Customers also can get specific information about outages via text message and/or email by subscribing to Kentucky Power outage alerts. To sign up, please visit www.kentuckypower.com/alerts. Information also is posted on Facebook at https://www.facebook.com/KentuckyPower and on Twitter at twitter.com/KentuckyPower or @KentuckyPower.
Stay away from all downed lines or sparking equipment, and keep children and pets away from fallen lines and anything the lines may touch.
For everyone’s health and safety with the ongoing Covid-19 crisis, please do not approach power company personnel in the field.
Wednesday, February 10, 10 a.m.
AAA SAFETY TIPS
With the forecast calling for icy conditions over the next couple of days, AAA offers the following tips for vehicle care and driving.
AAA tips for frozen doors, door locks and windows:
- Wipe down and dry weather strips and surfaces around doors and windows. Apply a lubricant (WD40, cooking spray and even Vaseline work well) to the weather stripping.
- If windows are frozen do not continue to push the power window buttons. It can damage the mechanics inside the door and can also cause the window to break.
- If locks are frozen, do not use water to thaw. Instead use commercial deicing products or heat the key and lock with a hair dryer. A lighter can also be used to heat the key.
- If windshield wipers are frozen to the windshield, use the heater and defroster to melt the ice before turning the windshield wipers on. When you arrive at your destination pull the windshield wipers away from the windshield to prevent refreezing.
AAA offers the following safe driving tips under icy conditions:
- Slow down. Accelerate, turn and brake gradually. Adjust your speed to the road conditions and leave yourself ample room to stop. Allow at least three times more space than usual between you and the car in front of you.
- Do not tailgate. Normal following distances of three to four seconds on dry pavement should be extended to a minimum of eight to ten seconds when driving on slippery surfaces. The extra time will provide additional braking room should a sudden stop become necessary.
- Watch the traffic ahead. Slow down immediately at the sight of brake lights, fishtailing cars, sideways skids or emergency flashers ahead.
- Never use cruise control on slippery roads. Patches of ice can cause unexpected wheel spin and use of cruise control can slow driver response.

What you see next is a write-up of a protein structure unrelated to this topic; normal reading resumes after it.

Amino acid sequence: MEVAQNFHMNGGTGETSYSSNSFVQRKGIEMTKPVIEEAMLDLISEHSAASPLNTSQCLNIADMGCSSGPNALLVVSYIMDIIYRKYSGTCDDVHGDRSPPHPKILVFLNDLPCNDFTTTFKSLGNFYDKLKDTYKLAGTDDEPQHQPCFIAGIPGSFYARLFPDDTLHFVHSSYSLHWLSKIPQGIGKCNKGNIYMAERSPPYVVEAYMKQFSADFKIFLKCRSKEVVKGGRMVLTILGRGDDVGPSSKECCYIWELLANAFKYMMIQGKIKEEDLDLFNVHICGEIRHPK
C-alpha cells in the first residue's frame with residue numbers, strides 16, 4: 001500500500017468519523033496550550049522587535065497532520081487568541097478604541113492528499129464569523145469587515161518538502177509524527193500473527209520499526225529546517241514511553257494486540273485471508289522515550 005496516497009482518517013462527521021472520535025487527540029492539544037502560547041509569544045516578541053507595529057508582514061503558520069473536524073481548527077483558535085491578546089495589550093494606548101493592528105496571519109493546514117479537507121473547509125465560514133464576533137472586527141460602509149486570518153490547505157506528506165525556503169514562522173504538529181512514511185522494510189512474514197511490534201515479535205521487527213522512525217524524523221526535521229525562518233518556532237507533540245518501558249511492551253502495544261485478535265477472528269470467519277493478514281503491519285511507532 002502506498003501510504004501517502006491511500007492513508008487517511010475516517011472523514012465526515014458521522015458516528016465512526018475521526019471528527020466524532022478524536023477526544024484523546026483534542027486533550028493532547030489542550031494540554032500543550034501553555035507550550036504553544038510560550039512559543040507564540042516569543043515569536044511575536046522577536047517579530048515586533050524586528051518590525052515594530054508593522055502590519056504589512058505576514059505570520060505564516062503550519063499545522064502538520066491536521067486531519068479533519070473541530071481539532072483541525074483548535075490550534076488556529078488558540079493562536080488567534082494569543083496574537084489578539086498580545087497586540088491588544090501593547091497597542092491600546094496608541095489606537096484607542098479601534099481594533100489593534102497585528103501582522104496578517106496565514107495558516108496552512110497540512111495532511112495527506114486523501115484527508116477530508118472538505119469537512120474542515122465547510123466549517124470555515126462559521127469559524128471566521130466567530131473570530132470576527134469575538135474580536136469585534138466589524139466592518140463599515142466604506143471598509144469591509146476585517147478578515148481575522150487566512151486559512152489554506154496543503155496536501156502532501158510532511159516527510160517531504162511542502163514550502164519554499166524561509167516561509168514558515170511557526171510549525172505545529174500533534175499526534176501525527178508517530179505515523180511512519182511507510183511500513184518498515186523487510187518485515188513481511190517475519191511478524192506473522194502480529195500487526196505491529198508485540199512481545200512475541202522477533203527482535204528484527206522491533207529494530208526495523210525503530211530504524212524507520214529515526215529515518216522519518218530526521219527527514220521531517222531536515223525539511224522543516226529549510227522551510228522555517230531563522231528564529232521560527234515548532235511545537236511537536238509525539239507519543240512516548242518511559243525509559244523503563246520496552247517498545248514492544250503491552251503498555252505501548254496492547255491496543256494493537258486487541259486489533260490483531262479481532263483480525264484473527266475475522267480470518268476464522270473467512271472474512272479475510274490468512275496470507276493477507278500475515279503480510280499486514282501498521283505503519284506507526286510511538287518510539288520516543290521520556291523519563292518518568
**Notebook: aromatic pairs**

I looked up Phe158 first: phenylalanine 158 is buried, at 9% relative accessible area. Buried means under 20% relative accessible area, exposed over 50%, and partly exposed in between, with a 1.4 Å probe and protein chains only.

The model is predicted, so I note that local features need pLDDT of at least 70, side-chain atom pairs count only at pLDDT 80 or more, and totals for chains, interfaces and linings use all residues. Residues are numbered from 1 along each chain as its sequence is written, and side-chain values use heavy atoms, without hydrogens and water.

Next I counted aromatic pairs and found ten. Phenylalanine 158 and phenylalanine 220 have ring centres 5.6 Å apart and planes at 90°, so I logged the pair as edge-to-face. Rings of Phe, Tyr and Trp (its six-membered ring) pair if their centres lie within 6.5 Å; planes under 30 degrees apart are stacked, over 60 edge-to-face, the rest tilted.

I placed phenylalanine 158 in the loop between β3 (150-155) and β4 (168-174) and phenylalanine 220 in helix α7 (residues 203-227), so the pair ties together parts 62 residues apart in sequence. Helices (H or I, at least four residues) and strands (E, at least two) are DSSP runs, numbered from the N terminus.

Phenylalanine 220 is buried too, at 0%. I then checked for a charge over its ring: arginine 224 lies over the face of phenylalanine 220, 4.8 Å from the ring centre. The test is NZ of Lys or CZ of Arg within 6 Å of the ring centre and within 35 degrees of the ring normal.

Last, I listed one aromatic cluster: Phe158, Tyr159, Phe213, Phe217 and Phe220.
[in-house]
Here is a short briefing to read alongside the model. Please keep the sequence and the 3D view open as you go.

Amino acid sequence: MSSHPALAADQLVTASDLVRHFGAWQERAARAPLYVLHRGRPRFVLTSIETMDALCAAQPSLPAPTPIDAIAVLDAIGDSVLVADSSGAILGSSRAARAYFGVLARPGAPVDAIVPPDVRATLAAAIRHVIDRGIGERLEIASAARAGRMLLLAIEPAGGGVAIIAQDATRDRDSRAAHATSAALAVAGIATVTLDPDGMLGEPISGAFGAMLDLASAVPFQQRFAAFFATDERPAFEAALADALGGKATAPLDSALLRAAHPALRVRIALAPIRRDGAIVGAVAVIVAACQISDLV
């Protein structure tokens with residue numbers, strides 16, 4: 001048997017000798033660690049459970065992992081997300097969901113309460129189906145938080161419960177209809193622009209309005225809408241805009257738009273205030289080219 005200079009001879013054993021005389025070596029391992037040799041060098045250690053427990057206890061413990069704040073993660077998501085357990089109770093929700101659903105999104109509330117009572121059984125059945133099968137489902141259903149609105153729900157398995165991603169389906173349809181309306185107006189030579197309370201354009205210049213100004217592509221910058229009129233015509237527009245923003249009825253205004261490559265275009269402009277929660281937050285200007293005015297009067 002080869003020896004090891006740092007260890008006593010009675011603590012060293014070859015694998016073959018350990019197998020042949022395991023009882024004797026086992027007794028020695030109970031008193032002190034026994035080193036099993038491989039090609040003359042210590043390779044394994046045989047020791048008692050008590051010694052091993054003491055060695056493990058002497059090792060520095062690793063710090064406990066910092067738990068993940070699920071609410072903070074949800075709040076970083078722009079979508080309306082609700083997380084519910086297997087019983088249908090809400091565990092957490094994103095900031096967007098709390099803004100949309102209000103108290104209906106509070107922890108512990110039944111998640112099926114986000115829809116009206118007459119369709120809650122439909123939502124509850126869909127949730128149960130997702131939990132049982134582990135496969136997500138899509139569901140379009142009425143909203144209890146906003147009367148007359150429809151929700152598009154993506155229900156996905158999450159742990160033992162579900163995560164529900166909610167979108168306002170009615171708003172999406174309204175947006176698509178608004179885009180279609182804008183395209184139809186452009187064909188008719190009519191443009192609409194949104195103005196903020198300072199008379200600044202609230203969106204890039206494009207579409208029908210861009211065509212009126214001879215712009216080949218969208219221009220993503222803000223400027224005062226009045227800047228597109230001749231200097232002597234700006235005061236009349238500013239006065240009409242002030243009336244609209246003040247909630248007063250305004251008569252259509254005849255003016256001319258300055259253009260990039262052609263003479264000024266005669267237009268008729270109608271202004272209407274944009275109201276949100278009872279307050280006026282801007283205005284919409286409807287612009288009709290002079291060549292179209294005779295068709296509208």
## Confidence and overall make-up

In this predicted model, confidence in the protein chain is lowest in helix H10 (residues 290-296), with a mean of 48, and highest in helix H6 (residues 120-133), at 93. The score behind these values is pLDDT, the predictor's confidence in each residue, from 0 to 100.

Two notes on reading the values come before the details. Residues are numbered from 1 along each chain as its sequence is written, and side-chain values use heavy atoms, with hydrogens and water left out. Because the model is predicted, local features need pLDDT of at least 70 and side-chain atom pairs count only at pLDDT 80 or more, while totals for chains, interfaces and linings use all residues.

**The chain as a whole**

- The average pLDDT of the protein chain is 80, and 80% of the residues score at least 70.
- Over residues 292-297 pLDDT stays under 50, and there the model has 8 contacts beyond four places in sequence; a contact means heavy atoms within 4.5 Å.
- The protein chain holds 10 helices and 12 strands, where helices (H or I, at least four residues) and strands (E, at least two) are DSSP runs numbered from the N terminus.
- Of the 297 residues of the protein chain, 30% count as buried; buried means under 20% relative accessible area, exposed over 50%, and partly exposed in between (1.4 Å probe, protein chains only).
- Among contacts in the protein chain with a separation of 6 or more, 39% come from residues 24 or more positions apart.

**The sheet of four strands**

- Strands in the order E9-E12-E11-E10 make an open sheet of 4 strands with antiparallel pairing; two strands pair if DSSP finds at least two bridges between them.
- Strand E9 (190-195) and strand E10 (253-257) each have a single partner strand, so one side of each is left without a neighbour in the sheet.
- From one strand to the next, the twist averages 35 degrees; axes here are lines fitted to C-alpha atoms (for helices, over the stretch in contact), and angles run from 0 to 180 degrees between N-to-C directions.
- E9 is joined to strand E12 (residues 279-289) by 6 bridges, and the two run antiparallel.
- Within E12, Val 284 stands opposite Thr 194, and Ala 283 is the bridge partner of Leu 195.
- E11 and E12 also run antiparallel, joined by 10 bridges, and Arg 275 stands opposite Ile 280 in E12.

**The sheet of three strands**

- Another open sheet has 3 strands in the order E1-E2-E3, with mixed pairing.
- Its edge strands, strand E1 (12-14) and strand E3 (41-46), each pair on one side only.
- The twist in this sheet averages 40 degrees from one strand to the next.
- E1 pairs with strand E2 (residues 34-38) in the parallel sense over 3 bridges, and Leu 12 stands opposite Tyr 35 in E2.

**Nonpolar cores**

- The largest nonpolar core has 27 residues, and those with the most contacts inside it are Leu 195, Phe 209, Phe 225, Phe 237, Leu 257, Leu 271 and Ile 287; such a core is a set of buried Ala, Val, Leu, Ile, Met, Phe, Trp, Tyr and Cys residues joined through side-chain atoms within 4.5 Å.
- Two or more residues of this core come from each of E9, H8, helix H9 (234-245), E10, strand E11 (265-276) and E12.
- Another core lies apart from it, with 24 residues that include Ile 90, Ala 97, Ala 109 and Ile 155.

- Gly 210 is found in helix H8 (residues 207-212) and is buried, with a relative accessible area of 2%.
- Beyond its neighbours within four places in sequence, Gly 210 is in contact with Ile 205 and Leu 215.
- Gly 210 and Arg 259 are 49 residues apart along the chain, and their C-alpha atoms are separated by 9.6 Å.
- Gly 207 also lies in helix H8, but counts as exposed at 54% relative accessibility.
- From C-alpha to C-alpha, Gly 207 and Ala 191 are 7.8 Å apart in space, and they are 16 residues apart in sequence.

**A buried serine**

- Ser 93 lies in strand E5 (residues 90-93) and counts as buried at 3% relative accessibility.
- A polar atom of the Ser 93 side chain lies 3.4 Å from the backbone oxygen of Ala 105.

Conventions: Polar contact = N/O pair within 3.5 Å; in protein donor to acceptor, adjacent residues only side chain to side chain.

- Avoid unnecessarily changing lanes. This increases the chances of hitting a patch of ice between lanes that could cause loss of vehicle control.
- Use extreme caution on bridges and overpasses. Black ice typically forms first in shaded areas of the roadway and on bridges and overpasses that freeze first and melt last. Although the road leading up to a bridge may be fine, the bridge itself could be a sheet of ice.
- Move Over. Move over one lane for law enforcement and emergency roadside personnel assisting motorists. It is the law. If you are unable to move over, slow down.
- Carry a winter weather kit in your car. Contents should include a fully charged cellphone (and car charger), ice scraper, blanket, warm winter clothing, flashlight with extra batteries, jumper cables, a bag of kitty litter, reflective triangles/flares, shovel and cloth/paper towels.
Tips for Braking on Ice:
- Minimize the need to brake on ice. If you’re approaching a stop sign, traffic light or other area where ice often forms, brake early on clear pavement to reduce speed. Maintaining control of your vehicle is much more difficult when braking on ice-covered roadways.
- Control the skid. In the event of a skid, ease off the accelerator and steer in the direction you want the front of the car to go.
- If your car has an anti-lock braking system (ABS). Do not remove your foot from the brake during a skid. When you apply the brakes hard enough to make the wheels lock momentarily, you will typically feel the brake pedal vibrate and pulsate back against your foot. This is normal and the system is working as designed. Do not release pressure on the pedal or attempt to “pump” the brakes.
- If your car does not have an anti-lock braking system. Keep the heel of your foot on the floor and use the ball of your foot to modulate the pressure applied to the brake pedal so the brakes are at the “threshold” of lockup but still rotating.